About

Thank you for visiting The Poetry of Science. My name is Sam Illingworth, and I am a Senior Lecturer in Science Communication at Manchester Metropolitan University. My research involves using poetry to develop dialogue between scientists and non-scientists.

Every week I find a new piece of scientific research, read the journal article that describes it and then write a poem that tries to summarise the research in an accessible and entertaining manner. Some of the poems may be faintly melancholic, some of them may raise a smile, and hopefully all of them will make you think.

If you are interested in the relationship between science and poetry, then you might also enjoy my book A sonnet to science, which presents an account of six groundbreaking scientists who also wrote poetry, and the effect that this had on their lives and research. You might also enjoy this study, which proves that poetry can be used to convey important scientific information, even if the aesthetics of the medium aren’t to everyone’s tastes…

 

17 thoughts on “About”

  1. A secret nook in a palnseat land,Whose groves the frolic fairies planned;Where arches green, the livelong day,Echo the blackbird’s roundelay,And vulgar feet have never trodA spot that is sacred to thought and God. – Emerson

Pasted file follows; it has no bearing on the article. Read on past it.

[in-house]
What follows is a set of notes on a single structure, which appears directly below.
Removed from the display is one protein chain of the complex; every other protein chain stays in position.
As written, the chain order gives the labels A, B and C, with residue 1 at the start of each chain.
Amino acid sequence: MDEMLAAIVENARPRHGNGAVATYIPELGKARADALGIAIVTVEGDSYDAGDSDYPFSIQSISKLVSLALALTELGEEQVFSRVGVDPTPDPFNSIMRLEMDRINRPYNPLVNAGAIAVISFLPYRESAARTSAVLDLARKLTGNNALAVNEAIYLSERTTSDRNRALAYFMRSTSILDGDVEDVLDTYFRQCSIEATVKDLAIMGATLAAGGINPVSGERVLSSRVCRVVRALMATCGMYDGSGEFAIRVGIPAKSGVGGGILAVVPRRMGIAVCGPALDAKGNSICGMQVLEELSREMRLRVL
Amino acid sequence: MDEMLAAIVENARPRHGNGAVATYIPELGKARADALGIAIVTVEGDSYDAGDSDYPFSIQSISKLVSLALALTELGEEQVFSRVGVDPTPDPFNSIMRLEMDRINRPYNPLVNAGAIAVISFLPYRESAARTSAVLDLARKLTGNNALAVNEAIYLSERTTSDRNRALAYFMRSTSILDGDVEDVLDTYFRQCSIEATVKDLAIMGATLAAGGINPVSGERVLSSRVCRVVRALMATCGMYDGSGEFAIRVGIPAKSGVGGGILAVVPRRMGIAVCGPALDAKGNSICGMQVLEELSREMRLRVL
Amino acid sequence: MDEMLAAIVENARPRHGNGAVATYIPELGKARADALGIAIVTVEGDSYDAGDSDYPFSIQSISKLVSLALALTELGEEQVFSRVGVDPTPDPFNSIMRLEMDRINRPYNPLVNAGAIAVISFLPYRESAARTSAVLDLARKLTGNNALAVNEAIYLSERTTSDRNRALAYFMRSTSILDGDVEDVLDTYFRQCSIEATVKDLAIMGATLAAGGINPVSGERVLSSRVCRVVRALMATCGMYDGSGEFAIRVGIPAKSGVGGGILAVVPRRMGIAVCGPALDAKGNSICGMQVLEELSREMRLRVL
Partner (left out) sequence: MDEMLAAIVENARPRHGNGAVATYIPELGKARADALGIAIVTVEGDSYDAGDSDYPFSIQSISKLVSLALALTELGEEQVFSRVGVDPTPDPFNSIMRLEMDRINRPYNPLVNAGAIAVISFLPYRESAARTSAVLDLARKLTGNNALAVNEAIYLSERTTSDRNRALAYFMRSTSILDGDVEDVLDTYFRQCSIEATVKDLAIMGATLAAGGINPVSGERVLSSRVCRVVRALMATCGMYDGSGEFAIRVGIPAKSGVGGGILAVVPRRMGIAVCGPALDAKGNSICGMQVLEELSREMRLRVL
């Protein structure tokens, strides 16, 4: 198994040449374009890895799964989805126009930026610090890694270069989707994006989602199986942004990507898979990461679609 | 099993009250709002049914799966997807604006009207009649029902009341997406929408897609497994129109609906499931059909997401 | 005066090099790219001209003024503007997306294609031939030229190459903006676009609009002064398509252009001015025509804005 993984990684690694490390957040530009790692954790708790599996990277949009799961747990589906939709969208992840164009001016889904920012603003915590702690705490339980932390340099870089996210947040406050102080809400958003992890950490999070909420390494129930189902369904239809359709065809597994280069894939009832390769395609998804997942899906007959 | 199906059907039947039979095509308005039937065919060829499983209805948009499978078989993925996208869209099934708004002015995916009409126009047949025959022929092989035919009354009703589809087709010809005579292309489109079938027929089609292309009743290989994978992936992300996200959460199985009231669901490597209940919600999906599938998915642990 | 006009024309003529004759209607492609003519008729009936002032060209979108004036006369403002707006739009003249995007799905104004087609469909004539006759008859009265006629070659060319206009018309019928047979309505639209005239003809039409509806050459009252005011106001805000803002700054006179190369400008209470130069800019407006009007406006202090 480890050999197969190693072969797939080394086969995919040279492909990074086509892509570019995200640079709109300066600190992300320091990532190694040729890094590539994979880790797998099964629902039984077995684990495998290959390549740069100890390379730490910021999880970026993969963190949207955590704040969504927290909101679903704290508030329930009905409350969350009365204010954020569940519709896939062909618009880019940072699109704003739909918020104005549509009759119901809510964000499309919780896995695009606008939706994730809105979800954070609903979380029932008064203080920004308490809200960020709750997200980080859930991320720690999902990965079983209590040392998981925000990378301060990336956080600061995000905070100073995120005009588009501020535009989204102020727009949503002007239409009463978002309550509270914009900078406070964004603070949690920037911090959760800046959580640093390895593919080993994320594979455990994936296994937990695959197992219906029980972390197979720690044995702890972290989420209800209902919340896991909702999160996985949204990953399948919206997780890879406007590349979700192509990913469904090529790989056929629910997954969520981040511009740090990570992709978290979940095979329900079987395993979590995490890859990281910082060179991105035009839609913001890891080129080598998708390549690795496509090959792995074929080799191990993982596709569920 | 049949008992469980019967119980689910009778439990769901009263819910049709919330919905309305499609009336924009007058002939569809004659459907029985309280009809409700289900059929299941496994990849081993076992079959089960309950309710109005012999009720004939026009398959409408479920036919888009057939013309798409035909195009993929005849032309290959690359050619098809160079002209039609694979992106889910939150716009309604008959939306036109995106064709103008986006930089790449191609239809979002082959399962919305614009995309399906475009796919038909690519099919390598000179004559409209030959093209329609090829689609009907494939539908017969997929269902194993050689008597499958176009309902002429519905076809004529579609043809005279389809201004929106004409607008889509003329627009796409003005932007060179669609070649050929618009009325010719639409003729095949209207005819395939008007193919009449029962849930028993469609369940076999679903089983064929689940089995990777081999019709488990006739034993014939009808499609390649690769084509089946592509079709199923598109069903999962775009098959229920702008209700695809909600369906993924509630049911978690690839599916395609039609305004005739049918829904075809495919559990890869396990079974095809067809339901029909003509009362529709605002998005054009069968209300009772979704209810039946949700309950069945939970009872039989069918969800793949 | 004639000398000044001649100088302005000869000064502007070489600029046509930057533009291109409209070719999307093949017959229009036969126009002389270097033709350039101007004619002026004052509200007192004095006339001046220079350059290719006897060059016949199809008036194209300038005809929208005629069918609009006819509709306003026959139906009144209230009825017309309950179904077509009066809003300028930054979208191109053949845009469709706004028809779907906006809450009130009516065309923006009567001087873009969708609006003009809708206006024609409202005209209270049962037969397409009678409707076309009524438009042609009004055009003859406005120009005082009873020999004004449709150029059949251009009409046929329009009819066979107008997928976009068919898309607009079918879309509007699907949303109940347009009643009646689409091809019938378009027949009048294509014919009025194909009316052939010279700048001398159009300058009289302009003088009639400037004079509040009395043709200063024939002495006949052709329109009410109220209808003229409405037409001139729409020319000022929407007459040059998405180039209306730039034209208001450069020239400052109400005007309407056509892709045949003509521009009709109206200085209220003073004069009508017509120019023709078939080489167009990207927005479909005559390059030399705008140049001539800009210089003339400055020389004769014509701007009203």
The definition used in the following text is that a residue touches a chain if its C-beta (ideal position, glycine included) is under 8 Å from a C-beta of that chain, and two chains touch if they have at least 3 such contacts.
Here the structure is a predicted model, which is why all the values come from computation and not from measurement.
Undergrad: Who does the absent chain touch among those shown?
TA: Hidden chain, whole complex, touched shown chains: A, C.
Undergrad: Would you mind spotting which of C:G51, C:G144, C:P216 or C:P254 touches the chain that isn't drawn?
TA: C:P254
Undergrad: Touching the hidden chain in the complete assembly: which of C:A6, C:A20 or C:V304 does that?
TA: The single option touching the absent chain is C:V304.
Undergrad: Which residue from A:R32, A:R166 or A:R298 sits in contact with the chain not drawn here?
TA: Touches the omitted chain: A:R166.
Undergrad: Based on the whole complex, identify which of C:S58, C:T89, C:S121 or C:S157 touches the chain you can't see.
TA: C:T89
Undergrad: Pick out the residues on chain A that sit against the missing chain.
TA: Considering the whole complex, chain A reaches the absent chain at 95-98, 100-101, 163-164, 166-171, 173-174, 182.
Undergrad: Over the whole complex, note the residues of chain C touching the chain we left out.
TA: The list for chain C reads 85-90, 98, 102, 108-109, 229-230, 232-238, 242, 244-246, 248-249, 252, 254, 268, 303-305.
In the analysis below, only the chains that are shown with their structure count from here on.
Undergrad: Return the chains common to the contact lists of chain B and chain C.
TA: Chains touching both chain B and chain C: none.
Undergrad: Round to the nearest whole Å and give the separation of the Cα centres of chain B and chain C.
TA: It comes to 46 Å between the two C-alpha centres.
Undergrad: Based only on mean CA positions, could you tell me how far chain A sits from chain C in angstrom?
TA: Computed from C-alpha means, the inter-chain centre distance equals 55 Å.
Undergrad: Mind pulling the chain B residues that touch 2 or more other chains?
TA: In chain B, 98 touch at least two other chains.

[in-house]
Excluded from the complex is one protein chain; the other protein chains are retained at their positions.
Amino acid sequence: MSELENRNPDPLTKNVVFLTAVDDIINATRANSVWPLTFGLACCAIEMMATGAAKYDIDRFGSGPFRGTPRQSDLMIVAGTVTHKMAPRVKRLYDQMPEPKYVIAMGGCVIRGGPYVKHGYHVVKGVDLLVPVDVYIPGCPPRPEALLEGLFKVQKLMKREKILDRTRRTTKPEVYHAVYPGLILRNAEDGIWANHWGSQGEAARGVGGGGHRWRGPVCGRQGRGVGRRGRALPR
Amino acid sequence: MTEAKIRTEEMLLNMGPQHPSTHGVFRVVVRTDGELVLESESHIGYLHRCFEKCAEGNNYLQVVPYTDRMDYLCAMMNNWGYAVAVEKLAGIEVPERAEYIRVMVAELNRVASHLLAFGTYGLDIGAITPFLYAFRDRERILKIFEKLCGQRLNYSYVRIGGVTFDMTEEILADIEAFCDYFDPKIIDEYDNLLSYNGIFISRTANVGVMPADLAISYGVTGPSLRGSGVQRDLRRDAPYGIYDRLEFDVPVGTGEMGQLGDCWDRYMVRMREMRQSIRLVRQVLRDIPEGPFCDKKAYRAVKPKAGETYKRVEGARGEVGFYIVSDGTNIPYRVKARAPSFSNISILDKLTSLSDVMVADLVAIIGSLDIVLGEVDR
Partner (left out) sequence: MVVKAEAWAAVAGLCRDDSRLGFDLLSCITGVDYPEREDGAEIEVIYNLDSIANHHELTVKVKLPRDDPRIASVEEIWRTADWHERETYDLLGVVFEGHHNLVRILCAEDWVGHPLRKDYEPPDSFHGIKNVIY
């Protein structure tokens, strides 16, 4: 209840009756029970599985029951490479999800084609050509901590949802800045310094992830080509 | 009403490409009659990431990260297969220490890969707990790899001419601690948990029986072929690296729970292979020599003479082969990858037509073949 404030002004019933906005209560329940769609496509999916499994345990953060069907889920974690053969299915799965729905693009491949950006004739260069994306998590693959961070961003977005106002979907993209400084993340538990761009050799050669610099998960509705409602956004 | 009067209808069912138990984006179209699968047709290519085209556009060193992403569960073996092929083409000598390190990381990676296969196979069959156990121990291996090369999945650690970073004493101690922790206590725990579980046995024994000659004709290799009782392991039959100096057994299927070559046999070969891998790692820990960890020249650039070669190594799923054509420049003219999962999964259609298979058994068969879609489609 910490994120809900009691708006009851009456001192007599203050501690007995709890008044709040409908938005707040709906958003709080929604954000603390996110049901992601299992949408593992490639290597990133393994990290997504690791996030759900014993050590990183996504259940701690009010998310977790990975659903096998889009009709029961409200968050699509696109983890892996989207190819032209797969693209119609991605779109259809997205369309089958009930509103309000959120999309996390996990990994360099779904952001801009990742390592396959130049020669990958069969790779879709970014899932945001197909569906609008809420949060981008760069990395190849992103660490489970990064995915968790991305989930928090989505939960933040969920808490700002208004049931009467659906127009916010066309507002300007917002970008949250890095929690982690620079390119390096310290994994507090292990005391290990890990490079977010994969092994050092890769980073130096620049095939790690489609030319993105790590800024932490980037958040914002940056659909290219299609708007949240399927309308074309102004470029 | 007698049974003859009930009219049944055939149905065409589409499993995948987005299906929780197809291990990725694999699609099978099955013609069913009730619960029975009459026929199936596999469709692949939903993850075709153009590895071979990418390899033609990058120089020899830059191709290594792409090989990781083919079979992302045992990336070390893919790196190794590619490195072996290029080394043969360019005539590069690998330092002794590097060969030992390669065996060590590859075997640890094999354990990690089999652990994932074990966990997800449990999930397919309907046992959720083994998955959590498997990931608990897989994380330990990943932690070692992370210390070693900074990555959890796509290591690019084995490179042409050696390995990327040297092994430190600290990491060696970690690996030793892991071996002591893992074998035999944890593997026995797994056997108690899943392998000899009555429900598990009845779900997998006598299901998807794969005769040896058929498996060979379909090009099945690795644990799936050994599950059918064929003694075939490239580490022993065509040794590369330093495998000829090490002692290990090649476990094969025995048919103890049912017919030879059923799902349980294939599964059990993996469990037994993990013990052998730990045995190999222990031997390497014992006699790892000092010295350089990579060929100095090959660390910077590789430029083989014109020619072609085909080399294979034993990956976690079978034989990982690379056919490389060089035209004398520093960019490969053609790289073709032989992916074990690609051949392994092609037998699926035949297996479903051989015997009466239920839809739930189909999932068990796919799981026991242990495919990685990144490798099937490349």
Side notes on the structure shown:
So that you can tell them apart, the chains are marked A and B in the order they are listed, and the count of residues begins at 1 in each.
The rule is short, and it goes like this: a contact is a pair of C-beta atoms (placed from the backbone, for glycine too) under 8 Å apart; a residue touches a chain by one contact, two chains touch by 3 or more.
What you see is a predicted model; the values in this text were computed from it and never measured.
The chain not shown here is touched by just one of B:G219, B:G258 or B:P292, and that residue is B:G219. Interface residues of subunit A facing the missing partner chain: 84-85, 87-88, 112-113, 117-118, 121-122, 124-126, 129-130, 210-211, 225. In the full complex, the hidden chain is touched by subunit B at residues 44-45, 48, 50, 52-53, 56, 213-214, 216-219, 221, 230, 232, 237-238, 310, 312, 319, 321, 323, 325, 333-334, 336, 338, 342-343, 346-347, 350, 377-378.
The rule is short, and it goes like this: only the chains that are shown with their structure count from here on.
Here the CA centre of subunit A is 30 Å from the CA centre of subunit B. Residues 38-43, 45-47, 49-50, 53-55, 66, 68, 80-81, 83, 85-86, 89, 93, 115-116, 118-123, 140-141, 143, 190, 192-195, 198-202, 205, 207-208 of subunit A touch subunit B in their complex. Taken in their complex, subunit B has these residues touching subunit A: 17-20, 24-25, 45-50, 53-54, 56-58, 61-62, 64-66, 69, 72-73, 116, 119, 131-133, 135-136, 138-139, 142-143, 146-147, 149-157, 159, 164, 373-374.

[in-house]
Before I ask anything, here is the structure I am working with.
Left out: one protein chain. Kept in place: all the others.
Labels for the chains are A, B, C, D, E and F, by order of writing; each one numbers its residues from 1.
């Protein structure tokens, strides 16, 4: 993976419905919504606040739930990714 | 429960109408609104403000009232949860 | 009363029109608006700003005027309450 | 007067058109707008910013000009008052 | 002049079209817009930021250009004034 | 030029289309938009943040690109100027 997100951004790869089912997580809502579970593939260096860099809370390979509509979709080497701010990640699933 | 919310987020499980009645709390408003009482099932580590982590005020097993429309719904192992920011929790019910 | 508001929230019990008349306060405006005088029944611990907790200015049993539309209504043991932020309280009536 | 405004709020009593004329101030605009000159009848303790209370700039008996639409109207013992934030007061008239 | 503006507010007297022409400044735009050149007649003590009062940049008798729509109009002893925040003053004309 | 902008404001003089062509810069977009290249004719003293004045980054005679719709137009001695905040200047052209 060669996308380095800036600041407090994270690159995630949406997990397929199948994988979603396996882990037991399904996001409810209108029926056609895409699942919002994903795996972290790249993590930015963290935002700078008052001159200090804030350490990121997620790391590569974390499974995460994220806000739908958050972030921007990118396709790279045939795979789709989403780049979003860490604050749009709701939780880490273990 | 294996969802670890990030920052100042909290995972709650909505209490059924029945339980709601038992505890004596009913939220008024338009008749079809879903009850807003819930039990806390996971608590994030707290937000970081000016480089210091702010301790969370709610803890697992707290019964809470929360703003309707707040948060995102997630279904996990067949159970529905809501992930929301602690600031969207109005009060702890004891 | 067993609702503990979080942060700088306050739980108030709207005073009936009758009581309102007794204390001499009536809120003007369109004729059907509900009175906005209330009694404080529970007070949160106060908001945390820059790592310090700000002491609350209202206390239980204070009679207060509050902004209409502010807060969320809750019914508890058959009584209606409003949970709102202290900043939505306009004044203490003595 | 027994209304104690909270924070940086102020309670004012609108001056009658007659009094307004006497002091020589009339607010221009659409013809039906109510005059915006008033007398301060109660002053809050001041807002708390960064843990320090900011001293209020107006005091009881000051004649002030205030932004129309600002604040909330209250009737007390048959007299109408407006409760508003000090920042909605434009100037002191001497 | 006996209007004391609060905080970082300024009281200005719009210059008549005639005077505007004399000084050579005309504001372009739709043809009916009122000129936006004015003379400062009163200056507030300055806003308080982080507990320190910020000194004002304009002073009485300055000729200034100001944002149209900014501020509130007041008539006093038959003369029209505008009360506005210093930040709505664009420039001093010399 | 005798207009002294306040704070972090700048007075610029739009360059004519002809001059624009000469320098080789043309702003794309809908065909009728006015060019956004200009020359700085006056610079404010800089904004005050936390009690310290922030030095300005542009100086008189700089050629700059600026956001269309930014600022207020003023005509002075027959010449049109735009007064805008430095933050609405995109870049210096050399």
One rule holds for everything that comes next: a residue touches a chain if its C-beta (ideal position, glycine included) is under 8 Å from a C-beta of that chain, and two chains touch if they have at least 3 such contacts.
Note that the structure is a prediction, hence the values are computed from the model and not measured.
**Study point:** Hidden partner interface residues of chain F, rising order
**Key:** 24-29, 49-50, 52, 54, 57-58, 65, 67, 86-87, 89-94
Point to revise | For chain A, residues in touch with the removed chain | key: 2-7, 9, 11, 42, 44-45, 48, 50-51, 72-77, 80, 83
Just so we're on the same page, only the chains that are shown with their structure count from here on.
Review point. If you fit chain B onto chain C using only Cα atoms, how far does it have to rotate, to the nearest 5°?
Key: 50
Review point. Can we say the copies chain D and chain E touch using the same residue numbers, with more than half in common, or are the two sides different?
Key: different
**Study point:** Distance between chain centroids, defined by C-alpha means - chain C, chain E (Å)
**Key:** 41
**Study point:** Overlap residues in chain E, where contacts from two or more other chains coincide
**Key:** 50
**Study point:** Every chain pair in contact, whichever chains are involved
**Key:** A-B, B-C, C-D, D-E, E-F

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  2. Sam, please send me details of the poetry workshop on the environment forthcoming. I was in the cathedral, but didn’t hear all the details of date and time etc. Thank you

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    • Thanks Patrick,

      Are you able to send Alison an email to book through the Cathedral? If not let me know and I will email you her details. 🙂

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  3. Woow!! This is the first time in a while that I feel so identified with what I would love to do: express myself in beautiful writing and keep science as part of my life.
    I am loving your work and I am so happy to have found your blog and what you do. 🙂

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  4. Hello Sam–I’m delighted to find your blog and have been enjoying your poems. I’m a UK expat living in California, a retired professor of Poetics and Humanities, and a fairly widely published poet (three full-length collections published, a fourth coming out this autumn). My work since the 1980s has focused more and more on science and technology. In this I follow a family tradition, as I am one of Charles Darwin’s great-great-grandchildren. As I’m sure you know, Charles’ grandfather Erasmus was a poet as well as a botanist and evolutionist who strongly influenced Shelley; and I descend from the Darwins on my the side of my paternal grandmother, Frances Crofts Cornford, who was a well-known poet. I’d like to talk to you. (This would have been a personal email except that I can’t find an address on your site.)

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